What the 2020 election means for the two Washingtons
We speak with two members of Washington’s delegation to the House of Representatives – both women of color – about how things will look in the political future. Also, a look at rural Washington’s reaction to this election, and a deep dive into the Saran-wrapped tree that concealed a giant secret murder hornet lair.
Individual segments are available in our podcast stream or at www.kuow.org/record.
Representative-elect Marilyn Strickland
Former Tacoma mayor Marilyn Strickland is making history as the first Black woman from the Pacific Northwest, and the first Korean-American ever, to join the United States Congress. Bill Radke spoke with her about the issues, and what it’s like to be part of the freshman class in a year like this.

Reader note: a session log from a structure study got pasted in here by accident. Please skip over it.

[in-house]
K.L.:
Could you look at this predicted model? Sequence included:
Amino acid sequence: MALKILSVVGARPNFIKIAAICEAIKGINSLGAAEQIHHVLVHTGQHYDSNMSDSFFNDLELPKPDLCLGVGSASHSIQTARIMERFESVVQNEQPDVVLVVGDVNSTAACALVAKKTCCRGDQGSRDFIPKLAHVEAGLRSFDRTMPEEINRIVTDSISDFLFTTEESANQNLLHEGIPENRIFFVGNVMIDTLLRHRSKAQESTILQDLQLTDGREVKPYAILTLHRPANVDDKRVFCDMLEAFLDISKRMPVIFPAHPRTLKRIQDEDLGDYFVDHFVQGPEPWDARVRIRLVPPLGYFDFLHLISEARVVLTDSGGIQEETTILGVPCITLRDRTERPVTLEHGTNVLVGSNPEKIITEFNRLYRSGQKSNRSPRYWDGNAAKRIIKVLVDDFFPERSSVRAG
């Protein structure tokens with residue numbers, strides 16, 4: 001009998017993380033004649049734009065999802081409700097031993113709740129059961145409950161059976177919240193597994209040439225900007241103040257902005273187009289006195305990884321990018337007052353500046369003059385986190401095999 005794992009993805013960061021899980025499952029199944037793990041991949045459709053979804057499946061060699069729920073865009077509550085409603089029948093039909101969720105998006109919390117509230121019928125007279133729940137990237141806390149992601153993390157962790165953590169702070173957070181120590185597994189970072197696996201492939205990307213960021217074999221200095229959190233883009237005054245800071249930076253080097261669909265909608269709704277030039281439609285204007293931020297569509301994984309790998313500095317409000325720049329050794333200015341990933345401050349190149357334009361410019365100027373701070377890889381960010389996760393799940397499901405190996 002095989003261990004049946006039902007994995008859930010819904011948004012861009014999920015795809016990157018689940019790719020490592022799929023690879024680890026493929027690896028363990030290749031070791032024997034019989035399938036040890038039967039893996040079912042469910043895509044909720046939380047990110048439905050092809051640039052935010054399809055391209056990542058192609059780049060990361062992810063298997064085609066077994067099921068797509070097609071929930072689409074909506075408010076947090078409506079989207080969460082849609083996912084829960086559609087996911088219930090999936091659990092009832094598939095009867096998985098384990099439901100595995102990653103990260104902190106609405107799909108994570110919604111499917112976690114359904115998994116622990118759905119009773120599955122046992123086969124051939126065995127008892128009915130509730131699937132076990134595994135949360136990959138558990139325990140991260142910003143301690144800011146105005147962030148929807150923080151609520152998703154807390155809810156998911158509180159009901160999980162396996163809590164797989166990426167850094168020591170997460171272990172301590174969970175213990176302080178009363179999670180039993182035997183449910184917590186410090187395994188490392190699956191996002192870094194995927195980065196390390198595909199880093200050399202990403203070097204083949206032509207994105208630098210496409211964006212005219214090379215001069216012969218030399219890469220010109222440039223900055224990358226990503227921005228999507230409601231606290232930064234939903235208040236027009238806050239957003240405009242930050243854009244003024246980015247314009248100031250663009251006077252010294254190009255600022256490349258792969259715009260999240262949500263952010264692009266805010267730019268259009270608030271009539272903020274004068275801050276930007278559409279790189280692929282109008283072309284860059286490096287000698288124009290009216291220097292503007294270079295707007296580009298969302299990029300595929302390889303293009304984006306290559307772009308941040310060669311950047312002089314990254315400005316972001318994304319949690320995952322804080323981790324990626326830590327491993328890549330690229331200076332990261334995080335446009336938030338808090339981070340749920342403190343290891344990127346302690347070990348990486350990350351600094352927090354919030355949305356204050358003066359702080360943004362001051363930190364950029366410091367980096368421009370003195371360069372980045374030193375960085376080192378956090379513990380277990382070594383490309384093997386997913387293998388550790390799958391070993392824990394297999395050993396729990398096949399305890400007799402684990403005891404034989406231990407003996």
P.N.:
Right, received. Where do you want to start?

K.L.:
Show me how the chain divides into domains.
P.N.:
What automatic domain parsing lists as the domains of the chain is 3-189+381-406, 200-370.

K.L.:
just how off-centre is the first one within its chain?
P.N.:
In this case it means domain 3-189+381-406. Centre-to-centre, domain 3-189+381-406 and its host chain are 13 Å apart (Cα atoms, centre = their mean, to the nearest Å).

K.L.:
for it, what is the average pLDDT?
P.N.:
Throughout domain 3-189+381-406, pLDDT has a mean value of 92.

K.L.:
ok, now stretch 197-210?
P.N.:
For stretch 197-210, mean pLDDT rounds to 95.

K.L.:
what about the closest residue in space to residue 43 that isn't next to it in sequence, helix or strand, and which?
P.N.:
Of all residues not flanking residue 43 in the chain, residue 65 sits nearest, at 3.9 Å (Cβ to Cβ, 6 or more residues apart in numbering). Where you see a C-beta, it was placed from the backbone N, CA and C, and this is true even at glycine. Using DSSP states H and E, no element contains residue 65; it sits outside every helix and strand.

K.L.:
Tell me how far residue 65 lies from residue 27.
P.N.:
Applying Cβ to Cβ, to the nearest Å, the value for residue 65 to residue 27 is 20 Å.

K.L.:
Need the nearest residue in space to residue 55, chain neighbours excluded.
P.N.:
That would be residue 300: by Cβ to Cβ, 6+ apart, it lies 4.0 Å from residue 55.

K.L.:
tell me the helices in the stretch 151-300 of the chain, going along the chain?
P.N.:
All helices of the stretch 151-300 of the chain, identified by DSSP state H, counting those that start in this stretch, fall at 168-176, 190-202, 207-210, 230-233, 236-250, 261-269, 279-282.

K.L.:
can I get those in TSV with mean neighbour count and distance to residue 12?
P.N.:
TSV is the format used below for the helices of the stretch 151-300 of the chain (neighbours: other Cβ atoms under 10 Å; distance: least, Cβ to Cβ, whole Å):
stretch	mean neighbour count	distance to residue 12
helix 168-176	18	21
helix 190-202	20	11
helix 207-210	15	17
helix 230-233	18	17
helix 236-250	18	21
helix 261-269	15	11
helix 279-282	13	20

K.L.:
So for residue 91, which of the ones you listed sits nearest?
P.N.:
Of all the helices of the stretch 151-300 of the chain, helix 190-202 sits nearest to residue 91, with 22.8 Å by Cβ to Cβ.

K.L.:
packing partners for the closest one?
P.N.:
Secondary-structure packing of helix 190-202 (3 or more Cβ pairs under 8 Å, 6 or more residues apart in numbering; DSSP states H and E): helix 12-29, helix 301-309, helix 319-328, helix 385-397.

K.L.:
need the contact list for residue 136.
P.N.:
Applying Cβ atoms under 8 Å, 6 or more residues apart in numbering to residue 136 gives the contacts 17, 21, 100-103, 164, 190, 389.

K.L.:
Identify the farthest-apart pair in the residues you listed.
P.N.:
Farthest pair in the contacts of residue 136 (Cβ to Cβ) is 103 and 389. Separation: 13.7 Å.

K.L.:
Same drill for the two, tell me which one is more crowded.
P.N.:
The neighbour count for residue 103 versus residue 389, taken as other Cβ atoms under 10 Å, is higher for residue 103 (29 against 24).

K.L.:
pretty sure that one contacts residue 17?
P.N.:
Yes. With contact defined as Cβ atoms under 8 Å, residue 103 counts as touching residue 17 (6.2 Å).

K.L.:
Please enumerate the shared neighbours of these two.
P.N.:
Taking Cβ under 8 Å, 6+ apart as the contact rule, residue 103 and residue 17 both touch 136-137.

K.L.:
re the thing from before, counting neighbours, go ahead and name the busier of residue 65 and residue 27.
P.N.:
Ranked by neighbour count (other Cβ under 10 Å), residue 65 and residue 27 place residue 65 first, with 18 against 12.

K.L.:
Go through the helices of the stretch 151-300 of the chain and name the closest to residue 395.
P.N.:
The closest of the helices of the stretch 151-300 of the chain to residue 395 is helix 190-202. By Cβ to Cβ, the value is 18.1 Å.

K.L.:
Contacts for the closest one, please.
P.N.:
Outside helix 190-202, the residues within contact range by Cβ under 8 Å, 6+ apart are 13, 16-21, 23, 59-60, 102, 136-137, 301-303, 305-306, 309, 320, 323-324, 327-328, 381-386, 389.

Pramila Jayapal on representation and getting work done
Representative Pramila Jayapal will be returning to the House for her third term. She is the first Indian-American woman to serve in the House of Representatives, and was elected the same night that Kamala Harris became the first Indian-American to serve in the Senate. We spoke to her about that history in the making, and the advice she has as a member of the scrappier chamber for her former Senate colleagues.
Anna King on rural PNW voters
As the dust settles, how is the election feeling for rural voters in Washington and Oregon? KUOW’s Anna King returned to communities she’s been reporting on this cycle to see how folks are reacting.
Eradicating the murder hornet
Red and white frat party-ish coolers. Hazard suits from Amazon. Isolating a tree with Styrofoam and Saran wrap. The operation to track and eradicate murder hornets in the Pacific Northwest was surprisingly DIY, as Washington Department of Agriculture public engagements specialist Karla Salp shares.